Authors Divided Over Identity, Issues
What do four Jewish American writers talk about when they
sit down together to discuss their craft? If the program, “The Next Generation
of Jewish American Writing,” held at the Skirball Cultural Center earlier this
month is any indication, the answer is that they try as hard as they can to
talk past their differences but don’t quite manage to do so.
As soon as featured novelists Rebecca Goldstein (“Mazel”),
Thane Rosenbaum (“The Golems of Gotham”), Gary Shteyngart (“The Russian
Debutante’s Handbook”) and Dara Horn (“In the Image”), as well as the evening’s
moderator, David Ulin, himself a writer, took their seats onstage, the
limitations of the forum — presented by The UCLA Center for Jewish Studies and
The University of California Humanities Research Institute — became clear.
These writers have very little in common outside of their Jewishness, and even
then they had diverging definitions of that identity, from cultural affiliation
to history to the importance of ritual observance.
The question that hovered over the discussion that followed
each author’s short presentation was as simple as it is hard to answer: Is
Jewishness enough to hold them together as a unit any more than linking them by
some other part of their identities?
For starters, their themes and concerns could not be more
different. In her six works of fiction, Goldstein has focused primarily on
dramas of the mind, plumbing philosophy and theoretical mathematics and
sometimes — 5/9ths of the time in her calculation — Jewish identity.
Rosenbaum, the child of survivors, has written a trilogy of
post-Holocaust books, the most recent a fable, complete with the ghosts of
writers past, set in 1990s Manhattan.
Shteyngart, who moved from Leningrad to New York as a child,
has written a novel that tells an immigrant’s story, updating a classic
American narrative for the 21st century.
Finally, Horn, who consciously draws on the long and rich
history of literature written in what she terms the “Jewish languages” of
Hebrew, Yiddish and Ladino, weaves the biblical tale of Job into the structure
of her debut work.
Even the Judaism that emerges in their works barely
overlaps. While Goldstein has repeatedly wrestled with the intersection of
traditional Jewish Orthodoxy on the one hand, and the rigors of rational
philosophy on the other, Rosenbaum’s fictive world has been shaped by that
20th-century Jewish preoccupation, the Shoah. Shteygart views himself, and his
protagonist, as more immigrant than Jew (although he wisely understands the
marketing strategy of labeling his novel “Jewish”) and Horn’s stated intention
in writing her book was to produce a work of fiction that is not “about
anti-Semitism” as so much Jewish American literature of the past century has
Then there’s the problem of “generation.” Shteyngart and
Horn were both born in the 1970s. They were in grade school when Goldstein
first began publishing her novels. Even she acknowledged that the “young” label
(as in “young Jewish American writer”) doesn’t quite fit her any longer. But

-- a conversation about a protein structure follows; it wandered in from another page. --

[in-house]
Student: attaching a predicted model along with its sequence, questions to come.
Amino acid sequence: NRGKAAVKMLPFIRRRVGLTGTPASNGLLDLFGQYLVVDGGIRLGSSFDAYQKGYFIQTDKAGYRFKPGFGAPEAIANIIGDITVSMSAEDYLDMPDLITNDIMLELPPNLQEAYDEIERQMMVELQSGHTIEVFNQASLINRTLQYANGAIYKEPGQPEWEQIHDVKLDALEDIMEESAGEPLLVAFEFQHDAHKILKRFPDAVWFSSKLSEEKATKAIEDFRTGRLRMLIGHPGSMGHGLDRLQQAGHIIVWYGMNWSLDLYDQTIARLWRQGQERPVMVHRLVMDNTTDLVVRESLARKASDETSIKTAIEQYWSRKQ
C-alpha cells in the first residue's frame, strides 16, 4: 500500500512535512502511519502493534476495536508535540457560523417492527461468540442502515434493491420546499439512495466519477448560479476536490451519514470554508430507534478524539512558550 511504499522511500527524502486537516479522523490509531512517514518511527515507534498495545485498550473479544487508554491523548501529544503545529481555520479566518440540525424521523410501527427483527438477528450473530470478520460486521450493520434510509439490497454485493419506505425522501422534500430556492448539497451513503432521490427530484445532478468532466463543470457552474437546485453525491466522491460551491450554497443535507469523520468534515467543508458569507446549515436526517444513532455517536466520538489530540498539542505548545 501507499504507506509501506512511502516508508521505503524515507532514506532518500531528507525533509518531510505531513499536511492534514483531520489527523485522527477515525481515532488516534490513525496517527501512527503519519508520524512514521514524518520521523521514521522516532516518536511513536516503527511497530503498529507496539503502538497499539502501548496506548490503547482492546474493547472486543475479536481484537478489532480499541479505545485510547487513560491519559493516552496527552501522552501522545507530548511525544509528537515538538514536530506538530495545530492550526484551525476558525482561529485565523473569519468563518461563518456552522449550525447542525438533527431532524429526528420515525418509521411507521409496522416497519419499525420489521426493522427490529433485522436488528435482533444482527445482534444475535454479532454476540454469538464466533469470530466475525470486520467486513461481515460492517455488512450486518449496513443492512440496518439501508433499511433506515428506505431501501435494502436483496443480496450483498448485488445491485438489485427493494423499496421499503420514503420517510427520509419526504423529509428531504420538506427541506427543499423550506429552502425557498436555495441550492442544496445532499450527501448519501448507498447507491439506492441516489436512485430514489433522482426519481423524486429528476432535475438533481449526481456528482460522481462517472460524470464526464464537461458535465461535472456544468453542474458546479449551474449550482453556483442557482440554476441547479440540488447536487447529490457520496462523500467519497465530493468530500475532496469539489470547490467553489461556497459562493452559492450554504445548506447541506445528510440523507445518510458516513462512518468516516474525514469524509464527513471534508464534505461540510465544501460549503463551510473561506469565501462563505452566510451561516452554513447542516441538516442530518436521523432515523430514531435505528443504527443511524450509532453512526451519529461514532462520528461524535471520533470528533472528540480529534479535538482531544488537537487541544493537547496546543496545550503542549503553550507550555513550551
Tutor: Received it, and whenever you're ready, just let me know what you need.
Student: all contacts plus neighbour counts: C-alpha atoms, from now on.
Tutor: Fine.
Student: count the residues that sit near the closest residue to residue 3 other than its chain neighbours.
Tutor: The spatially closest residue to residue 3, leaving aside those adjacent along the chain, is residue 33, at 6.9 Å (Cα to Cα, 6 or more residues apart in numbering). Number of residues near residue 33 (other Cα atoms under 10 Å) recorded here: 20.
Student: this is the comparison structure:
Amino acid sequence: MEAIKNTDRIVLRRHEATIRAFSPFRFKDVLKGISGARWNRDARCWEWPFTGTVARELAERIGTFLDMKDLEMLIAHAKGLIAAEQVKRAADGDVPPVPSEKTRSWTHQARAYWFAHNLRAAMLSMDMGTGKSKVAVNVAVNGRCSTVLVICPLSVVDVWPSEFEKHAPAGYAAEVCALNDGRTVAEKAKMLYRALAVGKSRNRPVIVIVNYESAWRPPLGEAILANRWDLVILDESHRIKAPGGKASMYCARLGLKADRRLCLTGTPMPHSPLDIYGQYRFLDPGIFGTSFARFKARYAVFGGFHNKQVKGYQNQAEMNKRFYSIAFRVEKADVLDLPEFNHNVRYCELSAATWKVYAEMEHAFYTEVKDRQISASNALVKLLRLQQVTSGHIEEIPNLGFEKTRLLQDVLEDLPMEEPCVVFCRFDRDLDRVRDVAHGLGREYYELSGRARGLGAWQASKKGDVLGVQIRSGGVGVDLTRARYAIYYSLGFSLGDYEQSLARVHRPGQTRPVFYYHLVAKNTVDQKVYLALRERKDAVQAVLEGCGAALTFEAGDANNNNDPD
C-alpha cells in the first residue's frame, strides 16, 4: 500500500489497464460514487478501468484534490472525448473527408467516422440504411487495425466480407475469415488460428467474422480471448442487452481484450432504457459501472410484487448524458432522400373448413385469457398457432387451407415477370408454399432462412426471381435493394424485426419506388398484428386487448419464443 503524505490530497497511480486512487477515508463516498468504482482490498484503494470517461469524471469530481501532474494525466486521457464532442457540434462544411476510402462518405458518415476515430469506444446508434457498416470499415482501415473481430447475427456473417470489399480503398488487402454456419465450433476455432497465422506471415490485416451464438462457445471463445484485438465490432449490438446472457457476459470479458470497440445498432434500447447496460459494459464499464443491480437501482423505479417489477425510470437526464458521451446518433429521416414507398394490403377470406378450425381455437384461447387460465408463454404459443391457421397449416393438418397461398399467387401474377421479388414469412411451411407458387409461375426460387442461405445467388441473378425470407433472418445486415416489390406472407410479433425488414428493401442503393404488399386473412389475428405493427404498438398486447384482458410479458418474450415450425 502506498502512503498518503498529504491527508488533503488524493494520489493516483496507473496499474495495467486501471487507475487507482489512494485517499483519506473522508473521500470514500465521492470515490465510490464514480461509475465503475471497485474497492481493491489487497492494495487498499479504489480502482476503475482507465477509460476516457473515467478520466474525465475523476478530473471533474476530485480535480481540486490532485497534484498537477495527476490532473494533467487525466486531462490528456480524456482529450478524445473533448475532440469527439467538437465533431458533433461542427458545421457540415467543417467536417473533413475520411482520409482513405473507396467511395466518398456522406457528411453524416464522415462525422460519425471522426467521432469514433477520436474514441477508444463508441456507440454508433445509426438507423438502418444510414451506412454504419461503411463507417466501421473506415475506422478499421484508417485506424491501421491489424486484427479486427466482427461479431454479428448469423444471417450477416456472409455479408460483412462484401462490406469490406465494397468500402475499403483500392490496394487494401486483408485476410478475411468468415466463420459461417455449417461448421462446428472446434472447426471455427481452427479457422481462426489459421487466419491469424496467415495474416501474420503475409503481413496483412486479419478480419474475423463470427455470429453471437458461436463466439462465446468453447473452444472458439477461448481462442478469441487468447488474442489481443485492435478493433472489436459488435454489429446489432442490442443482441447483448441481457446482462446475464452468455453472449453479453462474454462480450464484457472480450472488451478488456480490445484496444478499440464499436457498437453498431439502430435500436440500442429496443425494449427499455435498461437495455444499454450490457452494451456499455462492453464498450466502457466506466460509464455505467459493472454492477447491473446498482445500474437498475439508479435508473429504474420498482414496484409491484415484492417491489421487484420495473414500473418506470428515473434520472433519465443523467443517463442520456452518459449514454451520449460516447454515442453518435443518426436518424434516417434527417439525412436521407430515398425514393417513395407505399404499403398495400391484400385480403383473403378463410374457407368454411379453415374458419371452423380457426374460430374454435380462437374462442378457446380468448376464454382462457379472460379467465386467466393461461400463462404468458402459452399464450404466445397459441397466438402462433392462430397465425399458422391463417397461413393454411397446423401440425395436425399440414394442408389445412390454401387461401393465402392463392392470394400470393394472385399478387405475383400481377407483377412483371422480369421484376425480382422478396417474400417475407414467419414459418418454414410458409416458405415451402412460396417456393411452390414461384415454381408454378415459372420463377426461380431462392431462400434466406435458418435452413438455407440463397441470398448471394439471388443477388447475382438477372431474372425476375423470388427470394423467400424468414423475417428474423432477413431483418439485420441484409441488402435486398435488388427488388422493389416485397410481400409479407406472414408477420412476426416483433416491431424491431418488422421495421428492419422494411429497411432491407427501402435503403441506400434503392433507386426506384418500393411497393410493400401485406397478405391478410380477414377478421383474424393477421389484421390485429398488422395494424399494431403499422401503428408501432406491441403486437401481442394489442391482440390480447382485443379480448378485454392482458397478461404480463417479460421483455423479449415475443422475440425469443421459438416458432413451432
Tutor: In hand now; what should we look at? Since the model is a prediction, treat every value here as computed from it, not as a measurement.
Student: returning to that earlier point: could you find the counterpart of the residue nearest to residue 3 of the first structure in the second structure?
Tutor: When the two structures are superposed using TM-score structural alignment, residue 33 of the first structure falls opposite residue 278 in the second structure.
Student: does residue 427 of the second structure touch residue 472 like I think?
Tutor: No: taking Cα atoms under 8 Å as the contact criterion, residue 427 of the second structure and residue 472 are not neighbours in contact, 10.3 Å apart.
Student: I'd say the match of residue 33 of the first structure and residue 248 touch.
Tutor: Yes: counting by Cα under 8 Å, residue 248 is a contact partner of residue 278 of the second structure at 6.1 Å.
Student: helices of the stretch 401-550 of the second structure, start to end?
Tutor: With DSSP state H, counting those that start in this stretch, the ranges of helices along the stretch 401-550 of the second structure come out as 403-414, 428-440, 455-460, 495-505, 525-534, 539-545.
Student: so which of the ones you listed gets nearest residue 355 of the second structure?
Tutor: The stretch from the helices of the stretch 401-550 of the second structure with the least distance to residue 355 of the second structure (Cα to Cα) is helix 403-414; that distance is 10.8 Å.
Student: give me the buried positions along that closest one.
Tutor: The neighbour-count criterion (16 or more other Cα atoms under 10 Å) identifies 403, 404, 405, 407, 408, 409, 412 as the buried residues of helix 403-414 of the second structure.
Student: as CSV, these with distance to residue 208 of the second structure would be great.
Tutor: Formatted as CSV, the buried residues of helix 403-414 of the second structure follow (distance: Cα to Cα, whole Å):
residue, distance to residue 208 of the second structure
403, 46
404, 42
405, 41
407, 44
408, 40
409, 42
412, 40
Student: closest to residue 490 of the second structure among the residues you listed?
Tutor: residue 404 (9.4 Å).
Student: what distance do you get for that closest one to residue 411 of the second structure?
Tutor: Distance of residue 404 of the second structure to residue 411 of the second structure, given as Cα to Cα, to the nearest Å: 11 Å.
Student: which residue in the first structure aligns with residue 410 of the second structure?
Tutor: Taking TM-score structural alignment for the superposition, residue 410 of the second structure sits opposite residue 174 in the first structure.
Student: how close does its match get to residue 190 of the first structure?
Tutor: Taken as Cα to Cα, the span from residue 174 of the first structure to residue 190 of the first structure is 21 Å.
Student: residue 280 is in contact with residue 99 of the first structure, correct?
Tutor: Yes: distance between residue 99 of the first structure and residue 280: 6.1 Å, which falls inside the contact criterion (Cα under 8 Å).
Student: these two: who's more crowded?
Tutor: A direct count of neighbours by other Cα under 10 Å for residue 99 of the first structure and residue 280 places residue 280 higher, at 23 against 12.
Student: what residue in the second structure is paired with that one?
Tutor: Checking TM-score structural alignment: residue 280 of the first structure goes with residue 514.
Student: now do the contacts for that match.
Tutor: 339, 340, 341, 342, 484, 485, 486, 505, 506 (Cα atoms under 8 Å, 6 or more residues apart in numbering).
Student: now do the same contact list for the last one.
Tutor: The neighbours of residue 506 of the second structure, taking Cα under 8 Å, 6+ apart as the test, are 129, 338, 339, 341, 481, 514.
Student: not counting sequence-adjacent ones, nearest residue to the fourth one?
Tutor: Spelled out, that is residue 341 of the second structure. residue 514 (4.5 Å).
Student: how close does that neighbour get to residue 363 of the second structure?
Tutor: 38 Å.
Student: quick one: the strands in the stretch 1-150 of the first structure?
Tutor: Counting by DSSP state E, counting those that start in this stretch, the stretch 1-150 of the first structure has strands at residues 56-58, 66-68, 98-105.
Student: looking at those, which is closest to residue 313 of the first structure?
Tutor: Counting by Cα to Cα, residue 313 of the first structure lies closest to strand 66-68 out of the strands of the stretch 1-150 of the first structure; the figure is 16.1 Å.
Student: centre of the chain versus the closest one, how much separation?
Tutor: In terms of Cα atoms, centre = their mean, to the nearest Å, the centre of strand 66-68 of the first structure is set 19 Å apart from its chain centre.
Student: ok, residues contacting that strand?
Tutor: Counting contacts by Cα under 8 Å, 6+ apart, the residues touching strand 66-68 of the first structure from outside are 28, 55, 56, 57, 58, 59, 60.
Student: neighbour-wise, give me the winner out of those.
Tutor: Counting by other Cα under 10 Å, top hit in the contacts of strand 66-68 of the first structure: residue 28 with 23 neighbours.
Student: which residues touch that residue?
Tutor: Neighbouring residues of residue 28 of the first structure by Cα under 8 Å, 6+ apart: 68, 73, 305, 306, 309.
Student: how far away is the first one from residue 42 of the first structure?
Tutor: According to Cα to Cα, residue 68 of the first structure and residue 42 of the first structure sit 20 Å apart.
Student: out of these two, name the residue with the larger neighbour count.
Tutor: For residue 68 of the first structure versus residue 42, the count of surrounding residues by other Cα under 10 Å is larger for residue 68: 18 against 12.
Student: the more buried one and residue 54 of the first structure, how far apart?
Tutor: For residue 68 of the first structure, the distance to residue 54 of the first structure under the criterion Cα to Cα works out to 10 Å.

the difference goes beyond chronology. Goldstein’s writing itself is of a
different generation. Her cultural influences — yes, philosophy, but also the
attitudes toward gender equality, religious affiliation and other social
questions — were shaped at the same time as they took form in the larger
American context. Her younger colleagues were born into a world that was
already grappling with these and other knotty dilemmas.
But all that is almost beside the point, because when
talking about Jewish American literature, any generation seems to be put into
relation with those luminaries who defined Jewish American fiction after World
War II: Saul Bellow, Philip Roth, Bernard Malamud, Cynthia Ozick. They are held
up as the founding generation, as if nothing was put down on paper before them,
and no distinction is made among those who have followed.
This is a mistake. While programs such as the one at the
Skirball are wonderful arenas in which to showcase current and up-and-coming
talent, they often end up circling around the rather uncomfortable question of
defining what a “Jewish writer” actually is.
Not surprisingly, that happened on Sunday, when Horn herself
brought up what she called the “squirm factor.” Why, she asked “do we feel more
uncomfortable with the label ‘Jewish writer’ than any of the other labels that
can equally be applied to us?”
My guess is that the answer lies precisely in the balancing
act that these writers have to perform: Jews buy books. Jews read books. Jews
are a good audience for books, so any claim to Jewishness helps an author sell
books. The more books he or she sells, the more chances that writer will be
able to publish the next one.
But any author is so much more than just Jewish. She is a
woman, a philosopher, a mother, a sister, a convert from the closed world of
Beis Yaacov to the equally cloistered universe of academia, and that’s just
Goldstein. We, the public, seem to insist that writers pigeonhole themselves
for our benefit, and they — no fools — oblige us. We are, after all, their paths
to literary immortality.